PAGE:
Home News Local News Trial set for man accused of killing Roswell teacher

Trial set for man accused of killing Roswell teacher

0

Copyright © 2021 Roswell Daily Record

It’s been nearly three years since Lori Broughton Johnson, a beloved teacher and community member, was killed in a three-vehicle crash just east of Roswell on East Second Street that police say was caused by Victor M. Torres while he was driving under the influence of alcohol.

Johnson was 55 when she died on April 20, 2015. She was teaching sixth grade at Mesa Middle School in 2015 but had been at Washington Avenue Elementary for about 14 years before that.

Torres

Torres, who was 34 at the time, was charged in October 2015 with one count of homicide by vehicle. If convicted, he faces a mandatory prison sentence of two years and a maximum sentence of three years.

In the upcoming months, Torres is scheduled for four appearances before Judge Justin K. Hunter of the Fifth Judicial District in Roswell.

Torres is set for a jury trial at 9 a.m. on July 24, according to online court records. Preceding the trial, he is scheduled for a motion hearing on April 30 and two pre-trial hearings on May 7 and July 18. His attorney is Patricia Anders, according to online court records.

Support Local Journalism
Subscribe to the Roswell Daily Record today.

In May 2017, members of Johnson’s expressed frustration with the delay in Torres’ trial date, which has been pushed back several times.

“I really feel that the world is still going, but we are stuck,” said Audrey Knudsen of Roswell, one of Johnson’s adult daughters.

Her sister, Ashlea Daniels, now of Ohio, added, “Two years and others are able to enjoy what I would give anything to enjoy — a hug, a kiss, a Christmas together.”

Police said that Torres, who was driving a 2004 Ford Explorer, was traveling east when he crossed the center line and hit Johnson’s 2012 Honda head-on. Torres also struck a 2003 Pontiac, but that driver was not injured.

Torres sustained multiple injuries and was flown for treatment to University Medical Center in Lubbock, Texas, where he was placed in a medically induced coma.

Whether Torres was intoxicated at the time of the 2015 accident — and he was previously convicted of a DWI offense in Chaves County in November 2007 — is complicated by the fact that the injuries he sustained in the crash caused him to be airlifted to Lubbock for medical treatment. The results of any tests done there were not automatically made available to police or courts.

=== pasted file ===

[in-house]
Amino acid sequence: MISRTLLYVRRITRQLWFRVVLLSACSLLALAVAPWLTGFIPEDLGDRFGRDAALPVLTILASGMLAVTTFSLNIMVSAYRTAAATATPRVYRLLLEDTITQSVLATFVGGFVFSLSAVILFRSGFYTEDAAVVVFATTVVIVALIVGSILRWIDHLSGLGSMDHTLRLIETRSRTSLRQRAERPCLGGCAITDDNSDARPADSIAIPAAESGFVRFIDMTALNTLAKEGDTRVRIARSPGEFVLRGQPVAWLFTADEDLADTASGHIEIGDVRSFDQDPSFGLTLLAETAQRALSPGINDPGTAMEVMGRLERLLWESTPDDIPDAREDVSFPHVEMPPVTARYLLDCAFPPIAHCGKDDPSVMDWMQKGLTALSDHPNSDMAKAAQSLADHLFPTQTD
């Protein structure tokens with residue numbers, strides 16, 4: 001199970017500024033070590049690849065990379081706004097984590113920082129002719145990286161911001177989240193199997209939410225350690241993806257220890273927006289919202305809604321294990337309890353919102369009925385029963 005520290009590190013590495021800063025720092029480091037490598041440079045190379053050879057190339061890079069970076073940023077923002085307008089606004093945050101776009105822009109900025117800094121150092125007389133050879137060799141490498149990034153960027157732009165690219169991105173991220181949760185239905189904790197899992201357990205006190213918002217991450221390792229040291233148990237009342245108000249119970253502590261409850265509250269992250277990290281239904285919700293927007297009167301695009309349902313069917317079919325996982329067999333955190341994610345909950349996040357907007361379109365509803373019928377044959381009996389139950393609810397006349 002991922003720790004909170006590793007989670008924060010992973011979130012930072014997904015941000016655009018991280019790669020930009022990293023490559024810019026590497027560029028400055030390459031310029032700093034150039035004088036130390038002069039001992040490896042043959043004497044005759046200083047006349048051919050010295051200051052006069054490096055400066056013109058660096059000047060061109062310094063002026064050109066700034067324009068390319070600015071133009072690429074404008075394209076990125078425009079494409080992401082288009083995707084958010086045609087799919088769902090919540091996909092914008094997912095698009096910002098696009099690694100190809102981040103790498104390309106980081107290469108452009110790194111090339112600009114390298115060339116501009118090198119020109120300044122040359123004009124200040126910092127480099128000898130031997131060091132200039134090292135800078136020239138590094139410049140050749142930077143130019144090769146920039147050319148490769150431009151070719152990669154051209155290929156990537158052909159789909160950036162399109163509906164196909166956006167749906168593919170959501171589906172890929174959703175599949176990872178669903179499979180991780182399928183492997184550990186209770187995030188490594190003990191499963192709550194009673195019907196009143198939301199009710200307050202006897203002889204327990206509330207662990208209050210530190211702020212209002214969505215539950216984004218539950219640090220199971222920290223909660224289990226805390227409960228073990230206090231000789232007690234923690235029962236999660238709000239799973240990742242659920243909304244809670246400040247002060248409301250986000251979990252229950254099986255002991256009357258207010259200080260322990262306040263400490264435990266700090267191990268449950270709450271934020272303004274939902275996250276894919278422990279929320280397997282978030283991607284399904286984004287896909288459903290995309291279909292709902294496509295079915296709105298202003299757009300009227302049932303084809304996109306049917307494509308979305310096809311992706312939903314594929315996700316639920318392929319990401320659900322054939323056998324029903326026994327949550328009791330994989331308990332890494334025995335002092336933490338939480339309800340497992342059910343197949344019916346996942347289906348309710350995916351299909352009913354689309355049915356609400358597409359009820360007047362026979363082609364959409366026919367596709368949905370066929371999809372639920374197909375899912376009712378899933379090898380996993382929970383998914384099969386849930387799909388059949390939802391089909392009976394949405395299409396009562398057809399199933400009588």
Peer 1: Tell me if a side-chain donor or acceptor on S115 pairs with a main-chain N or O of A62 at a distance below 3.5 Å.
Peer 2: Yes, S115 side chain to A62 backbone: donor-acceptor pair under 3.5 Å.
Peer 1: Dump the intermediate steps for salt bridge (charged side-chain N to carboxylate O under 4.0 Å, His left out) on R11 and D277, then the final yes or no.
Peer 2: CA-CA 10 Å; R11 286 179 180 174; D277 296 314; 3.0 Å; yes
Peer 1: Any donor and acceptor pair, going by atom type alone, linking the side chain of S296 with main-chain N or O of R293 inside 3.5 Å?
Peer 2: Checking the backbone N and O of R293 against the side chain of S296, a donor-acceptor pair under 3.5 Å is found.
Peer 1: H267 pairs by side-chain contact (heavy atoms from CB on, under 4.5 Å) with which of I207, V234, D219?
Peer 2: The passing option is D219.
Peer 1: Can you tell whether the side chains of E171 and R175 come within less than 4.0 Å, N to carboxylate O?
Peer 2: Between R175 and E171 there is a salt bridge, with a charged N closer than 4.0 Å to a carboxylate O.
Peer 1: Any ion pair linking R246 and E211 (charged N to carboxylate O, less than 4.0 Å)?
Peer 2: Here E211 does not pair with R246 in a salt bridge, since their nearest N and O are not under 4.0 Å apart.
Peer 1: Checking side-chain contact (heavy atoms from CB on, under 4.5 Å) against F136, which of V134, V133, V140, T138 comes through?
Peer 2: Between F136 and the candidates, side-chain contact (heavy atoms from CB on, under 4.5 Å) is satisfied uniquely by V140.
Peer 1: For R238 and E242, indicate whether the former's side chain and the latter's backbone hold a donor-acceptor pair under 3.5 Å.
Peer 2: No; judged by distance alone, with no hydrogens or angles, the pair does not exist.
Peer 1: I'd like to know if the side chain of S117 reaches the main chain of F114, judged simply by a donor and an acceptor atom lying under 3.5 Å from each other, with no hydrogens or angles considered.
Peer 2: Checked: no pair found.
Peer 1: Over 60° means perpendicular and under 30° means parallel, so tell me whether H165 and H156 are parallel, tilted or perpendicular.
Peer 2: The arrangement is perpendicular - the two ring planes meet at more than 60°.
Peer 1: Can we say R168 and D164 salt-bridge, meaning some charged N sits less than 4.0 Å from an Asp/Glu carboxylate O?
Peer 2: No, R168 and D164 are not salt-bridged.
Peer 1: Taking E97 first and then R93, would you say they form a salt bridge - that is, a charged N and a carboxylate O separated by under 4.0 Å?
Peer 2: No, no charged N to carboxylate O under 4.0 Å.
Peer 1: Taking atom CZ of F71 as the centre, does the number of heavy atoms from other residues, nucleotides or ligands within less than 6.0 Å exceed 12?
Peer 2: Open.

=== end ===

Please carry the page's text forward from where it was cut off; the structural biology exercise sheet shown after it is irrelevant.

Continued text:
In lieu of being booked into jail after he was released from the hospital, Torres was given an appearance bond because of his medical condition, police said. Then Deputy District Attorney Michael Murphy said if someone is neither a flight risk nor a threat to the public, a judge can decide that the individual does not have to post either a cash or a surety bond.

In the criminal complaint, police investigators allege they smelled alcohol on Torres at the accident scene and spoke to a witness who said Torres had purchased two eight-packs of beer and had consumed at least four of them prior to the crash. The statement also alleges that investigators were informed that blood tests at the hospital indicated “high levels of alcohol.”

When Torres was finally able to be questioned in June after the accident, police said, he indicated that he was unable to recall the accident or events of that day.

Altogether, Torres has been arrested for DWI four times, according to court records.

In 2007, Torres was charged with criminal sexual penetration and false imprisonment. The prosector dismissed those charges.

In 2008, Torres was charged with child abuse after punching his son in the face. He pleaded no contest.

In 2010, while drunk he tried to stab his girlfriend, according to authorities.

Johnson

Johnson was born in Austin, Texas, and graduated from Coahoma High School in Coahoma, Texas, in 1977. She earned a bachelor’s degree in religious education from Hardin Simmons University in Abilene, Texas. She earned her second bachelor’s degree in elementary education from Eastern New Mexico University.

Johnson met her future husband, Steve, at Hardin University. They married on July 2, 1983.

Johnson loved to travel, and some of her travel highlights included Alaska, Wyoming’s Teton Range and the Caribbean Islands.

Senior reporter Lisa Dunlap contributed to this story. 

Community News reporter Timothy P. Howsare can be reached at 575-622-7710, ext. 311, or vistas@rdrnews.com.